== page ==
Just like Frontierland, Adventureland is set back from The Hub. Because of this, it is much less intrusive in this otherwise Victorian area.
I’ve also mentioned that the transition between lands is remarkably seamless at Disneyland Paris. Here is a picture taken from Fantasyland, looking through a portal to Adventureland. If you study the photo carefully, you can see that this portal is a covered walkway with a different architectural style on each side – Tudor on the Fantasyland side and a sandstone-look on the Adventureland side.
Returning to The Hub we move closer to the primary Adventureland entrance. Like the other Adventurelands around the world, this version is a collection of far-off exotic lands. Here you’ll find romanticized adaptations of the Middle East, the West Indies, Africa, Southeast Asia, and a make-believe land called Adventure Isle.
On the other side of this arch we enter Aladdin’s home town, Agrabah. Here in the Adventureland Bazaar we find busy shops and a tasty restaurant.
Agrabah CafÃ© can be found within the Arabian Bazaar. This buffet-style restaurant serves Mediterranean and Asian delights. There are a number of small, adjoining dining rooms, each with a mysterious, faraway feel and an outdoor courtyard for al fresco meals. This restaurant is open seasonally.
Near the entrance of Adventureland and Agrabah you’ll find “Le PassagÃ© Enchant’ d’ Aladdin.”
This is a walk-through attraction that tells the story of Aladdin and his magic lamp. A series of minimally animated tableaus and storybook passages recreate Disney’s animated classic in this charming attraction. Definitely low-tech, but very enduring.
As we journey deeper into Adventureland, the Middle Eastern architecture of Agrabah transforms into Timon and Pumba’s Africa.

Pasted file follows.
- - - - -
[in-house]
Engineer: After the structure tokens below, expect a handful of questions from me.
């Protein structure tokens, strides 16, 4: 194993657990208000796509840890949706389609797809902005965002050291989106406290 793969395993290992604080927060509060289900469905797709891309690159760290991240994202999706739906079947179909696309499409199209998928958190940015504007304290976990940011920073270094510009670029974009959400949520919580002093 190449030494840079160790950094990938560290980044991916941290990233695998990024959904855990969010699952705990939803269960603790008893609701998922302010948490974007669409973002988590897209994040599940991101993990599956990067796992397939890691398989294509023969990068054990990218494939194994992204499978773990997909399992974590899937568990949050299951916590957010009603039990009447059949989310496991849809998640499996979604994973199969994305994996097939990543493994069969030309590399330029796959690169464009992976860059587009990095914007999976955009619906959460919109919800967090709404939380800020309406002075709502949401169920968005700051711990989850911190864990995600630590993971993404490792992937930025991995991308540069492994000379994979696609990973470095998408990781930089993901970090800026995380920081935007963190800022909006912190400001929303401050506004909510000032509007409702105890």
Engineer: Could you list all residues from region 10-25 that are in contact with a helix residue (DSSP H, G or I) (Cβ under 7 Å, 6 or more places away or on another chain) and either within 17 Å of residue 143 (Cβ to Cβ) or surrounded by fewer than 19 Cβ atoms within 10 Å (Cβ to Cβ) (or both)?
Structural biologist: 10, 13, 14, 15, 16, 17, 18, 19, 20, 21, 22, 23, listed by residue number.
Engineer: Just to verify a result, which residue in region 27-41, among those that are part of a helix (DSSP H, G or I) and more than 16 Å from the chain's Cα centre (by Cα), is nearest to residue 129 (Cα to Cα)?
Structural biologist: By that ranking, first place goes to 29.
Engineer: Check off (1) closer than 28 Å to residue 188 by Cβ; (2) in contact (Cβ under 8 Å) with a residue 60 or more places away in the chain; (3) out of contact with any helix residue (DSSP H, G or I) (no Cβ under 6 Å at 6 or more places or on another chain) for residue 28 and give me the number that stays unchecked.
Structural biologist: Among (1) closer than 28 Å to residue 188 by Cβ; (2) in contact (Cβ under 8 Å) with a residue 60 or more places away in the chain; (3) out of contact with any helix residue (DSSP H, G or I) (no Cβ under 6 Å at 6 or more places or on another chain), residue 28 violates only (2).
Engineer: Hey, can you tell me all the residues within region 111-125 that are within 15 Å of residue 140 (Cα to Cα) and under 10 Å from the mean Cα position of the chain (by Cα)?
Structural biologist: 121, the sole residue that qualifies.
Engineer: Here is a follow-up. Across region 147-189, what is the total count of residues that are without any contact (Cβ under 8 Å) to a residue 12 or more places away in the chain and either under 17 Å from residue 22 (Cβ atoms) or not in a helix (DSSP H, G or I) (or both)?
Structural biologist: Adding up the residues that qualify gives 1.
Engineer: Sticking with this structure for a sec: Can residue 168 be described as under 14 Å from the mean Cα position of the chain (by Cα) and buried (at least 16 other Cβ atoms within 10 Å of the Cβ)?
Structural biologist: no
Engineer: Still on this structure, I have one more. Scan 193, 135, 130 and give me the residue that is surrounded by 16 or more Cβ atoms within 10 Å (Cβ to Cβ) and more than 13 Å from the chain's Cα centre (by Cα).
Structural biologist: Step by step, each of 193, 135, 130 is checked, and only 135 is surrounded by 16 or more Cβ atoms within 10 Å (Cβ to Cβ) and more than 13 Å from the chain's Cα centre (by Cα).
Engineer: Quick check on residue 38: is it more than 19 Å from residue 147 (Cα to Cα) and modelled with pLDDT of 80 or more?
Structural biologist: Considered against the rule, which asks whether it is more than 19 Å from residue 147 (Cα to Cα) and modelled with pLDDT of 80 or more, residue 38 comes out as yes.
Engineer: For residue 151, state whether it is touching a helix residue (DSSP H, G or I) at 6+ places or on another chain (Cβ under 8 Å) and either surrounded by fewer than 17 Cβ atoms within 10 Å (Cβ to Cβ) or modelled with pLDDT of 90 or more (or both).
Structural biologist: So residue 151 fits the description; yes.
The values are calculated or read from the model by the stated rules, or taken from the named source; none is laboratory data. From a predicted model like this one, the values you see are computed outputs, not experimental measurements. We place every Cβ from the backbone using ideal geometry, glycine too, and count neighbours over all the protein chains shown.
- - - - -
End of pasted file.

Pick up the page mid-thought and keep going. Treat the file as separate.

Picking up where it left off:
The Restaurant Hakuna Matata has a few references to “The Lion King” but overall, this eatery is more about the exotic locale than our animated friends. This is a counter service restaurant serving African inspired dishes.
When the Imagineers were designing Disneyland Paris, they labored under the opinion that Europeans would prefer to linger over a meal at a table service restaurant rather than grabbing a quick bite to eat at a snack bar. But they were wrong. It turned out that most Europeans, like their American and Japanese counterparts, were more interested in experiencing the attractions than spending an hour or more eating.
Before there was Colonel Hathi’s Pizza Outpost, there was the Explorer’s Club. This was an elegant, table service restaurant located in a Colonial building found in some remote locale. Audioanimatronic birds and animals entertained guests as they enjoyed their meal. But due to a lack of need, this restaurant was eventually closed and converted to its present day, counter service incarnation serving pizza and pasta.
Today, audioanimatronic birds still sit high above the dining room in a large tree. They move and sing and tweet, while watching the guests below enjoy their meals. And when you think about it, it makes you very happy that these birds are mechanical and not real!
In my next blog I’ll talk about Adventure Isle.